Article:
Screenshot #4: MinTTY terminal emulator window
Screenshot #4: MinTTY terminal emulator window

In the above example, I manually mapped the colours from the famous Solarized colour theme to the default 16 ANSI colours. For the font I chose the crystal clear Consolas font set at 12 point, although I’ve recently been experimenting with Adobe’s Source Code Pro as an alternative.

The MinTTY window can be resized to any dimension of your choosing. You can also use the same shortcuts as you use in the browser to resize the text on the fly (CTRL+plus, CTRL+minus or CTRL+mouse wheel). Finally you can launch as many instances of MinTTY as you want, enabling you to lay out a series of windows into your codebase and file structure, exactly as it suits you:

Bash in Windows Screenshot #5: Multiple instances running at the same time at different dimensions and font-size
Screenshot #5: Multiple instances running at the same time at different dimensions and font-size

I can now do {{thing}} from the command line

The list below demonstrates just a small subset of the stuff you can do with Bash in Windows that I found particularly useful and / or helpful.

  • Git
    No more “download and unzip”. Git clone any repo of your choosing in any directory in your filesystem. The handy “GIT Bash here…” shortcut that appears when you right click any folder is particularly useful here.
  • Linux command line
    MinGW supports a subset of the various commands and programs available in Linux, things like awk, sed, grep, find are all here, ready to be used. Shortcuts are also available (CTRL+U, CTRL+K for inline editing, CTRL+R to lookup on Bash history etc) as well as piping and redirection.
  • SSH
    OpenSSH works right out of the box. Set up your keys by using ssh-keygen (exactly the same way you would do in a Linux box) and then connect to any of your machines. You can also setup an ssh-agent (exactly the way Beanstalk or Github or Bitbucket explain in their online tutorials) to ensure you don’t retype your password all the time. Of course ftp and scp are available as well.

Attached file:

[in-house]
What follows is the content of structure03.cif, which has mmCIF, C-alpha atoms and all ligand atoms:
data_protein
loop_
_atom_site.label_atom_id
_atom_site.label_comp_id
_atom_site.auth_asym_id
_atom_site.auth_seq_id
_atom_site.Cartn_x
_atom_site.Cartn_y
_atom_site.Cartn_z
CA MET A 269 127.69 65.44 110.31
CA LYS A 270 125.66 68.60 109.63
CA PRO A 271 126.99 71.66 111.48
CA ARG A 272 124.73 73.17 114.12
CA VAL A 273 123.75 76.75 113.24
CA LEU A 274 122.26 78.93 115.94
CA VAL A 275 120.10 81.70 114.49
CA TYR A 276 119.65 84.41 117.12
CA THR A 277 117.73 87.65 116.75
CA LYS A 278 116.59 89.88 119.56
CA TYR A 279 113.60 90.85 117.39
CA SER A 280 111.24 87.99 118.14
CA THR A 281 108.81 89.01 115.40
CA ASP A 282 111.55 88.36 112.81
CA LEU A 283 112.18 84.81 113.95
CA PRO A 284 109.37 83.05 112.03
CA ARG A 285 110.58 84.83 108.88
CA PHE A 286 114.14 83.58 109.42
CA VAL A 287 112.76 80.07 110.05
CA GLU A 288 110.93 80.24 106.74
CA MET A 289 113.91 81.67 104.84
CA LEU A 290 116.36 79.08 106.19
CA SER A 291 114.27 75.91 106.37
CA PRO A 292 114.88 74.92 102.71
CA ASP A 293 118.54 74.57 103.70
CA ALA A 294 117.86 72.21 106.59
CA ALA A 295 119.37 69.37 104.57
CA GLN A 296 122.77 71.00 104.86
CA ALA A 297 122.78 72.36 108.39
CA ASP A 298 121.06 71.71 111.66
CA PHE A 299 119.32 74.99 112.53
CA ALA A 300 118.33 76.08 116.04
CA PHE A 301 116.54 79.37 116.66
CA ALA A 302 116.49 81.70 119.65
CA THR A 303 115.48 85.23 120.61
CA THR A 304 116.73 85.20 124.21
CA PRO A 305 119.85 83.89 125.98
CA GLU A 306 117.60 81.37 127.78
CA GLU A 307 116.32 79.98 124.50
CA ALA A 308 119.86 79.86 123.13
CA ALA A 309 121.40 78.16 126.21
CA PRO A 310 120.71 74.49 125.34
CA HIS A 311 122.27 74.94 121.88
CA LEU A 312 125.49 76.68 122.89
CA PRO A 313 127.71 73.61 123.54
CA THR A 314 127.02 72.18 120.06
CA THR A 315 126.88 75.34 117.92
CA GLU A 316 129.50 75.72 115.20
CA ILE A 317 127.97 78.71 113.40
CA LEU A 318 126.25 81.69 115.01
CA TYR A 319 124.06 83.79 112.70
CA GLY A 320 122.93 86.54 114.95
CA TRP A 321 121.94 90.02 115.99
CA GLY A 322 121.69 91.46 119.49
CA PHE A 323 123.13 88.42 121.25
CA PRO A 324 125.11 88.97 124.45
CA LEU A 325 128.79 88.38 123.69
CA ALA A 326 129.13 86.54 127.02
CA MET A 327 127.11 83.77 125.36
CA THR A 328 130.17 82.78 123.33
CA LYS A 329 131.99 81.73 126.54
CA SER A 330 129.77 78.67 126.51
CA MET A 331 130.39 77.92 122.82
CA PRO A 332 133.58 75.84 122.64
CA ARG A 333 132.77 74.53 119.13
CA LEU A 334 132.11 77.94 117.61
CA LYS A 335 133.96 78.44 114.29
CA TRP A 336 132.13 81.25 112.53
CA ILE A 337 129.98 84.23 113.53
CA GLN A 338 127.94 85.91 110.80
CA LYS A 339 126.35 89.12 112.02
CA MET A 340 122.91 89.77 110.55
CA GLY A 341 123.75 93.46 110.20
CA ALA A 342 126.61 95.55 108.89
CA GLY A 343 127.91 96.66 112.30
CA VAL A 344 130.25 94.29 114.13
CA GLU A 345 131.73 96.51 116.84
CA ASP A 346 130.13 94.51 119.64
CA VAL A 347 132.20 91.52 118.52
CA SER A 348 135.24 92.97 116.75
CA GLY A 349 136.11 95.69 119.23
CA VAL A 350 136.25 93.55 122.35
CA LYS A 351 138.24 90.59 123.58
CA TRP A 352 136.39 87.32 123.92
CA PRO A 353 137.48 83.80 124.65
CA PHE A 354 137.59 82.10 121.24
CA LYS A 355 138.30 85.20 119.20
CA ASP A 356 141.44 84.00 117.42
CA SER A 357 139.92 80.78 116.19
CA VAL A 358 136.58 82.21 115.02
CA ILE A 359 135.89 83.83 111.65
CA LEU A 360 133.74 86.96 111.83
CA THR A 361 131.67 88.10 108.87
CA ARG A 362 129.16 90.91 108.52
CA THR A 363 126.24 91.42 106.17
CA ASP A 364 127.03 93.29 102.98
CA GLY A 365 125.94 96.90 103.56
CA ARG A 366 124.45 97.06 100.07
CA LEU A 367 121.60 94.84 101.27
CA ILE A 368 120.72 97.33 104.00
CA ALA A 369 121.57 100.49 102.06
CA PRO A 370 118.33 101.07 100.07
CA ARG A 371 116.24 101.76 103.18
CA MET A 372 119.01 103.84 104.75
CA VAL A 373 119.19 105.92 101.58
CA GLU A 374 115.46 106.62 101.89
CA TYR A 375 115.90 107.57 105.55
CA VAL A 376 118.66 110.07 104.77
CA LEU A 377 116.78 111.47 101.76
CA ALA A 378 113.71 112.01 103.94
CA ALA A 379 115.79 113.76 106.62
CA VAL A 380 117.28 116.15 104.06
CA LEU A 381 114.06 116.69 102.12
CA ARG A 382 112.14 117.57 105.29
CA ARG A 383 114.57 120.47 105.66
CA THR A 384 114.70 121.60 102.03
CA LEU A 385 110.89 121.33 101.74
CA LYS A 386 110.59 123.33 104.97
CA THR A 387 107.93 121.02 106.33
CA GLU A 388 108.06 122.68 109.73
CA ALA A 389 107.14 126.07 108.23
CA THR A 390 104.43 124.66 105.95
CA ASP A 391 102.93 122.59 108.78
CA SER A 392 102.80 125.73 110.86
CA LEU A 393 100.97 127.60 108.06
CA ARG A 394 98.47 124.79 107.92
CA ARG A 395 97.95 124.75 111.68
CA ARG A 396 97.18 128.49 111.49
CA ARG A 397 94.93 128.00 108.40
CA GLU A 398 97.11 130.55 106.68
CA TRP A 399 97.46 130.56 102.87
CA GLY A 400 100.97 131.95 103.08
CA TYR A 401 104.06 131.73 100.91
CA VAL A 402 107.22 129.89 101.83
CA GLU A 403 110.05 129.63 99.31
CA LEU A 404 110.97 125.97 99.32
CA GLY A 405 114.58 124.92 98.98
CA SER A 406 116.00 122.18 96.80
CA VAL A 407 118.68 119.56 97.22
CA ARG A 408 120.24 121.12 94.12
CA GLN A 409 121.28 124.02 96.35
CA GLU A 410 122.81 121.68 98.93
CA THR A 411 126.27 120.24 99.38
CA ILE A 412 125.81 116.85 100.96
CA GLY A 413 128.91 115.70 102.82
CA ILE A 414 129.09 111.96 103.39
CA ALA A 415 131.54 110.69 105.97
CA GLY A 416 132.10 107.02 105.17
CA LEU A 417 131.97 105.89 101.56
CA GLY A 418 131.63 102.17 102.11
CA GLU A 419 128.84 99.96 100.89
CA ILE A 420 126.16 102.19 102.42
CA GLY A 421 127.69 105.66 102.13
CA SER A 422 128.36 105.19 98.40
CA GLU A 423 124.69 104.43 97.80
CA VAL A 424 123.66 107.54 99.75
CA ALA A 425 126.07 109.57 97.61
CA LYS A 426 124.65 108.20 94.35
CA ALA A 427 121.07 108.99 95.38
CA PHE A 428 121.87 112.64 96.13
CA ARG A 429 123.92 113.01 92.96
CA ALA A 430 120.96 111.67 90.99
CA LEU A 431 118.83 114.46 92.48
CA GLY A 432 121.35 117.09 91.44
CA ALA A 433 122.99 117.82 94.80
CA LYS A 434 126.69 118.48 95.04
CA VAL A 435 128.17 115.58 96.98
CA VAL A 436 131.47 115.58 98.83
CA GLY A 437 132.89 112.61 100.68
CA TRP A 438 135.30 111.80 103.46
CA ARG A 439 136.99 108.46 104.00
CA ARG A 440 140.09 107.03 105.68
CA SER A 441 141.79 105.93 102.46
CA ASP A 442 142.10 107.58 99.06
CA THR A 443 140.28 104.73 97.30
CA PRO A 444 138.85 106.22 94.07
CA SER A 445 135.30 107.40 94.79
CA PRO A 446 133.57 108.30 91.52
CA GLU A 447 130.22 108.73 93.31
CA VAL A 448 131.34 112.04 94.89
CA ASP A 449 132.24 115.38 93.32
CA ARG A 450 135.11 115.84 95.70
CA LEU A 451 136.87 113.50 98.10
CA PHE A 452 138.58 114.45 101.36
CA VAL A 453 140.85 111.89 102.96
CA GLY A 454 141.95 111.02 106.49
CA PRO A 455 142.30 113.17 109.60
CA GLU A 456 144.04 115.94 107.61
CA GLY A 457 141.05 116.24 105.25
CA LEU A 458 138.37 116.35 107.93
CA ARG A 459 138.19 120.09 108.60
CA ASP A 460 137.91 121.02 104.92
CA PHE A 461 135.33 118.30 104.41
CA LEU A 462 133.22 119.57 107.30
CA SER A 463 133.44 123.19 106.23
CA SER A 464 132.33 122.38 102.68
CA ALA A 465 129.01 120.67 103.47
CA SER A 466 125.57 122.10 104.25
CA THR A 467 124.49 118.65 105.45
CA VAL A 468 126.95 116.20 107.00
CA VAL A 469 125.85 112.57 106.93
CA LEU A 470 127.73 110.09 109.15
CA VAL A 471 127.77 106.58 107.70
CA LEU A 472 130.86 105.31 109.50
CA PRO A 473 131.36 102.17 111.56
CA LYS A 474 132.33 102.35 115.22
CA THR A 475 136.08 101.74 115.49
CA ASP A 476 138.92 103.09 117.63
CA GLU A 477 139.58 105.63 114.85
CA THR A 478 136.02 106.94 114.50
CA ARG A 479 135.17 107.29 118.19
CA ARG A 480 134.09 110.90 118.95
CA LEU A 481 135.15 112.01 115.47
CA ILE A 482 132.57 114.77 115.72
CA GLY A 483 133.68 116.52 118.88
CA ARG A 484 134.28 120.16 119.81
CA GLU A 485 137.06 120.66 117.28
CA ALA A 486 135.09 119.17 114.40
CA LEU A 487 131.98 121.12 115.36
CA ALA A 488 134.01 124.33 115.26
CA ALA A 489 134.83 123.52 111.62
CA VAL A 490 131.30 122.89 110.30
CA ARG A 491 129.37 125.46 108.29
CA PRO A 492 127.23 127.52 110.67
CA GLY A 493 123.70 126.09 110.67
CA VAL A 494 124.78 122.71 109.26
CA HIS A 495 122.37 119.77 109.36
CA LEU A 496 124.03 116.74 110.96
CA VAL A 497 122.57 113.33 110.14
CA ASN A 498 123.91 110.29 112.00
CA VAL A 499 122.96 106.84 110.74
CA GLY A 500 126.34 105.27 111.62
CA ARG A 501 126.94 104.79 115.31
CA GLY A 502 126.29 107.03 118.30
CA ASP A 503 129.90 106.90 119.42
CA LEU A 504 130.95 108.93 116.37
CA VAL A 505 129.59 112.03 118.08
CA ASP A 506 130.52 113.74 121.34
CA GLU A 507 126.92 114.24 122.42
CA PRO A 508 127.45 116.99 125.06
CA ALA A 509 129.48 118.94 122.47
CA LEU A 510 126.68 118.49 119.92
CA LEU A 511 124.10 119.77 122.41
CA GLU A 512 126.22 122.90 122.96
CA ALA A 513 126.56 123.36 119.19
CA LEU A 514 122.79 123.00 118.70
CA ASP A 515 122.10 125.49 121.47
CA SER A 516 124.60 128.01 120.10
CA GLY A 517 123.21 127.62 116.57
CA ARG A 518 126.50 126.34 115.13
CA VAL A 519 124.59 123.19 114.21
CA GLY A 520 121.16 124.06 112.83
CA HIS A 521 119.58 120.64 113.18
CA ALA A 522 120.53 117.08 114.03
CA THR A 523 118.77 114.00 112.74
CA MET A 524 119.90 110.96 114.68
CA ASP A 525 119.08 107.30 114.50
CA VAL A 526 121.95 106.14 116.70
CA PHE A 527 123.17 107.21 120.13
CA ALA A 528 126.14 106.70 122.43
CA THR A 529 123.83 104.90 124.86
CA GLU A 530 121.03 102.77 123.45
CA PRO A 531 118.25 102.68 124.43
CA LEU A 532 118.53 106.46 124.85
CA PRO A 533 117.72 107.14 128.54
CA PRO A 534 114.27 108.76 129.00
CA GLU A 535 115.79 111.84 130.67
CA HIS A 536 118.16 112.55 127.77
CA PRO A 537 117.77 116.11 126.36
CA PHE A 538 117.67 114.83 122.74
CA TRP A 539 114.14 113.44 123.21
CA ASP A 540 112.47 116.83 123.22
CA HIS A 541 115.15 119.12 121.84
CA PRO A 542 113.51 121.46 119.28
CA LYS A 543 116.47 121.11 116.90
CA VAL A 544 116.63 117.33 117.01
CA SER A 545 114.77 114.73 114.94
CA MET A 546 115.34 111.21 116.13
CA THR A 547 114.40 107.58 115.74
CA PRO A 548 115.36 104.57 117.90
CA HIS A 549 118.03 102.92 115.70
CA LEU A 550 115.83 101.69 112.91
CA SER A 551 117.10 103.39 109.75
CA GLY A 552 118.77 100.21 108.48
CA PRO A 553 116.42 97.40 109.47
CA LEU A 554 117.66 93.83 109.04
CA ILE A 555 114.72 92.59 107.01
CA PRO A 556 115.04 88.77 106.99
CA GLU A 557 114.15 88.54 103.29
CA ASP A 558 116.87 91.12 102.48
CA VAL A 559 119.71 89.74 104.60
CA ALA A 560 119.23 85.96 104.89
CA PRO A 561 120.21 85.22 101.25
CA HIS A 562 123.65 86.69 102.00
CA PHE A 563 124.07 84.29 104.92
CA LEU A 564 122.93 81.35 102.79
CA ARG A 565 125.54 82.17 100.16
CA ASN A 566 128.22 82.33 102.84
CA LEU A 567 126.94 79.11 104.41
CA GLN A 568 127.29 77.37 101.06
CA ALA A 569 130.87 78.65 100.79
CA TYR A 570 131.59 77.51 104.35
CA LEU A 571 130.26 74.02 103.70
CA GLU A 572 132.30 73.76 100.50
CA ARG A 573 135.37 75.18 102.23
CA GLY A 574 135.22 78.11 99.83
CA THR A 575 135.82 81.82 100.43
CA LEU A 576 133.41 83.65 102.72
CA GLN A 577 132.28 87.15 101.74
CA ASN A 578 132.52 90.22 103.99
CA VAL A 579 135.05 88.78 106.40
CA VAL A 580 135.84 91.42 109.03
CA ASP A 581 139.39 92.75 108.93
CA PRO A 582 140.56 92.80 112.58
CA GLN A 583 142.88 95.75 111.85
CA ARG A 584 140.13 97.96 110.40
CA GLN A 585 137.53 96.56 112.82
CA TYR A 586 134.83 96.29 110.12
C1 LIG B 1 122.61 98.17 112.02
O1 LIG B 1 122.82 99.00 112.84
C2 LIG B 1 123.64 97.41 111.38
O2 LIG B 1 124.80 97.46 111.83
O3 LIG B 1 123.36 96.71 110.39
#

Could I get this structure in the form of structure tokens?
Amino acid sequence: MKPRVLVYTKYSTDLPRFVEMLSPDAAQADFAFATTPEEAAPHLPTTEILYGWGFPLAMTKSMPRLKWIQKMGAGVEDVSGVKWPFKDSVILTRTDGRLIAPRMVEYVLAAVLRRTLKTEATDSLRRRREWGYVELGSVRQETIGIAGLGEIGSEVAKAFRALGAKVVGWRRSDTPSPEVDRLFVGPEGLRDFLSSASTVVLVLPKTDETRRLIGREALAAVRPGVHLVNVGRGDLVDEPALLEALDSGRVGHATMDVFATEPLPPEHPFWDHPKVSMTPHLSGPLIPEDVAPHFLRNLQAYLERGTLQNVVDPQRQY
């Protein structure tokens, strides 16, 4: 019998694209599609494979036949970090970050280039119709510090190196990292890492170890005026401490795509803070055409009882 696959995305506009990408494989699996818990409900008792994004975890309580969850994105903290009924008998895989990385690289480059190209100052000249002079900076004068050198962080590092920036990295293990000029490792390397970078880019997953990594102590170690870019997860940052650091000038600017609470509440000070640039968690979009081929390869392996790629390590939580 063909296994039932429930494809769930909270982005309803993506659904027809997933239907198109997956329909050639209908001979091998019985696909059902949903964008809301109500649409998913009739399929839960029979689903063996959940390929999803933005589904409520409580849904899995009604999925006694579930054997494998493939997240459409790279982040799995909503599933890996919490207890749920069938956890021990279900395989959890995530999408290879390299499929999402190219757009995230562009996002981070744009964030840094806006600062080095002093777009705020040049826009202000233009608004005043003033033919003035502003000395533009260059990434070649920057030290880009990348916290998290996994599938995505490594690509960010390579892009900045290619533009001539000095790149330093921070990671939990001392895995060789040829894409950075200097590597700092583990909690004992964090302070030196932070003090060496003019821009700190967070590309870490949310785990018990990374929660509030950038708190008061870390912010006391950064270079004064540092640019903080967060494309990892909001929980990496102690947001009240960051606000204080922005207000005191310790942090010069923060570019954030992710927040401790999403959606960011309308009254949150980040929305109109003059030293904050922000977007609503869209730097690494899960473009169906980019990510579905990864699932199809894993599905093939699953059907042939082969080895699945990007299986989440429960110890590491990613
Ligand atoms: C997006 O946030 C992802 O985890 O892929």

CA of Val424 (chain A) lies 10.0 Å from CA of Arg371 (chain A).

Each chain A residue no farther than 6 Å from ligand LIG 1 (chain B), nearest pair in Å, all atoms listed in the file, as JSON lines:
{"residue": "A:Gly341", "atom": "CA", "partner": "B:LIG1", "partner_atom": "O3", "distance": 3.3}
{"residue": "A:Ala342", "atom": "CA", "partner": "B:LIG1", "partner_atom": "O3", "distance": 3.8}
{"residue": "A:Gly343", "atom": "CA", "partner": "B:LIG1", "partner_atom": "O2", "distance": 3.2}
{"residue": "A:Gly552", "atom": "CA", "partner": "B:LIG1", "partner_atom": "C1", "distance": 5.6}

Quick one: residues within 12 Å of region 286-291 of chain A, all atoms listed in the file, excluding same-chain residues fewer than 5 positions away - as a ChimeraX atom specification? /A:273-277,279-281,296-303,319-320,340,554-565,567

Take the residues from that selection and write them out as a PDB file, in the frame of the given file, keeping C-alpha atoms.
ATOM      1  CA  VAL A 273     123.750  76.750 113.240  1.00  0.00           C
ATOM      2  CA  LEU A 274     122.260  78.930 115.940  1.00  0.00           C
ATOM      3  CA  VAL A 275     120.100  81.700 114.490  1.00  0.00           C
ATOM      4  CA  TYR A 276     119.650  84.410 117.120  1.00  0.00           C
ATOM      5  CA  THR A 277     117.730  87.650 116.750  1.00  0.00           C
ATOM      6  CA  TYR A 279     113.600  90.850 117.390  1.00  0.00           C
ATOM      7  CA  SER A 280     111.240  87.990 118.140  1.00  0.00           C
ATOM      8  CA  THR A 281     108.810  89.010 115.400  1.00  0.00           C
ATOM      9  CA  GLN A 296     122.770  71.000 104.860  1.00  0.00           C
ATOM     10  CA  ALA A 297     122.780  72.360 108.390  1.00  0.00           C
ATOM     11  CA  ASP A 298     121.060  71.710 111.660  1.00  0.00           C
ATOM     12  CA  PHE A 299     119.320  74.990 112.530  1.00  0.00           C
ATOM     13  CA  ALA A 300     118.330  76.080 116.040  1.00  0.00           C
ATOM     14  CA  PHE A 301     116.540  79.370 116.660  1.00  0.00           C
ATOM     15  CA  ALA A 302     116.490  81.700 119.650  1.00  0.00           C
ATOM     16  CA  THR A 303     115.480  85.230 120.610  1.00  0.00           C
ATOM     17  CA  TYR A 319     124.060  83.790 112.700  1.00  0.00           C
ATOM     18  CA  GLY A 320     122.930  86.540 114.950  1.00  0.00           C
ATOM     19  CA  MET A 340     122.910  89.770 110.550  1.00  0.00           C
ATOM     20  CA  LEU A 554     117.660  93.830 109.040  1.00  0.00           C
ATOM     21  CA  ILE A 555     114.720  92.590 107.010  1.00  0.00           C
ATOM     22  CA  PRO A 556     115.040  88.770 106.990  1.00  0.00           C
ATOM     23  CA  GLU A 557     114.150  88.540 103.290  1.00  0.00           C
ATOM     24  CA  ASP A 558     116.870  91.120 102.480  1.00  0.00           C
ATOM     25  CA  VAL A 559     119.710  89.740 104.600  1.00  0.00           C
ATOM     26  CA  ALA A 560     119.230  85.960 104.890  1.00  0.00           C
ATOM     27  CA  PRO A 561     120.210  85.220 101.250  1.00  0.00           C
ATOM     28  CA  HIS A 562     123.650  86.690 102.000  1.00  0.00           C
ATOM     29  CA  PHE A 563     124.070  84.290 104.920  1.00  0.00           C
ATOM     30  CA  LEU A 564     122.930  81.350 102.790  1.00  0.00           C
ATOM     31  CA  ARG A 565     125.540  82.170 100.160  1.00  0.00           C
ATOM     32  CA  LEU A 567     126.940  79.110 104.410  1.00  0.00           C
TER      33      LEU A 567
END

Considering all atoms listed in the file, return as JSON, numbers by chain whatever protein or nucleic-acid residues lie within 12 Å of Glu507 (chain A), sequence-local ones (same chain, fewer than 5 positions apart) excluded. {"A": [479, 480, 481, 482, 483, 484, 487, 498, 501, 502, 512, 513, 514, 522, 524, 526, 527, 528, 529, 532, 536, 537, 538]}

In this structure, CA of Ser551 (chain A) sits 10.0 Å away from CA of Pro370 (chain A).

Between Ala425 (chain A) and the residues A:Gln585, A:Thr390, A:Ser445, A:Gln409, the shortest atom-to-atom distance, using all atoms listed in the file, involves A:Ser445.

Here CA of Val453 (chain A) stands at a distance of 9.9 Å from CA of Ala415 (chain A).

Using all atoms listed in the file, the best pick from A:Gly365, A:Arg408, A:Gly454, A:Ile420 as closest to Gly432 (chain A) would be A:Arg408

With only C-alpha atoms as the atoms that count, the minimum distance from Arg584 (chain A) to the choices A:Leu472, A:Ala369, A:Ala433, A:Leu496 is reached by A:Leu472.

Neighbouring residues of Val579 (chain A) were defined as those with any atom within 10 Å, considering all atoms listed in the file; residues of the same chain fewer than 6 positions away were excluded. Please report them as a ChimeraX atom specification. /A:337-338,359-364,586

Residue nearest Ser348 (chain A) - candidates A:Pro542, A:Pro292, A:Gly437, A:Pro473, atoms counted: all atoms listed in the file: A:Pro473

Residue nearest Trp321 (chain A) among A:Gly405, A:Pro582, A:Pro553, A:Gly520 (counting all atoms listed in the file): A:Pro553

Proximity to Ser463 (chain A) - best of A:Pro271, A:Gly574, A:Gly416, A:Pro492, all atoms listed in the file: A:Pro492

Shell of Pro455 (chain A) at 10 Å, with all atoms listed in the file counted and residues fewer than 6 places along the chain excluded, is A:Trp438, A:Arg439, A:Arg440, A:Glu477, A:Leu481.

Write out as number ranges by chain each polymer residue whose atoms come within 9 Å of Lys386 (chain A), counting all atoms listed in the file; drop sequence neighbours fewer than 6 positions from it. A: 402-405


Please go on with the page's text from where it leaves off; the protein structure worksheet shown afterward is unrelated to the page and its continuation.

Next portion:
• Vim
    No more notepad++ for me. After I went through the steep-as-mount-Everest learning curve I found out that vim was the best tool for quick text edits (I’ve strongly resisted the urge to play with emacs. We’ll see).
  • Bash scripting
    The very first bash script I experimented with (and use constantly nowadays) is z: I no longer rely on lengthy cd statements such as:
    cd /some_directory/nesting/nested/my_work
    But rather do a:
    z my_work
    … and I’m immediately taken to the directory I want.

“You should really switch to {{enter Linux distro name here}}”

Indeed. But even if I do so, there is still a vast number of devs out there who still need / have to work with Windows. One year ago, Isaac Schlueter (co-founder and CEO of the Node Package Manager – NPM) had this to say:

Bash in Windows: this matters
If you want devs using your code, this matters

Until WSL is out … Bash in Windows

The soon-to-be-released Windows Subsystem for Linux is a brilliant (and much-needed) step forward in making the Windows environment a first-class citizen for open source development workflows.Nevertheless, there is no need to wait for Microsoft to make WSL available to everyone.

I’ve been using Bash in Windows – in my daily workflow – for the last 5 years and it’s working like a charm.
If you want to do the same, simply install Git for Windows.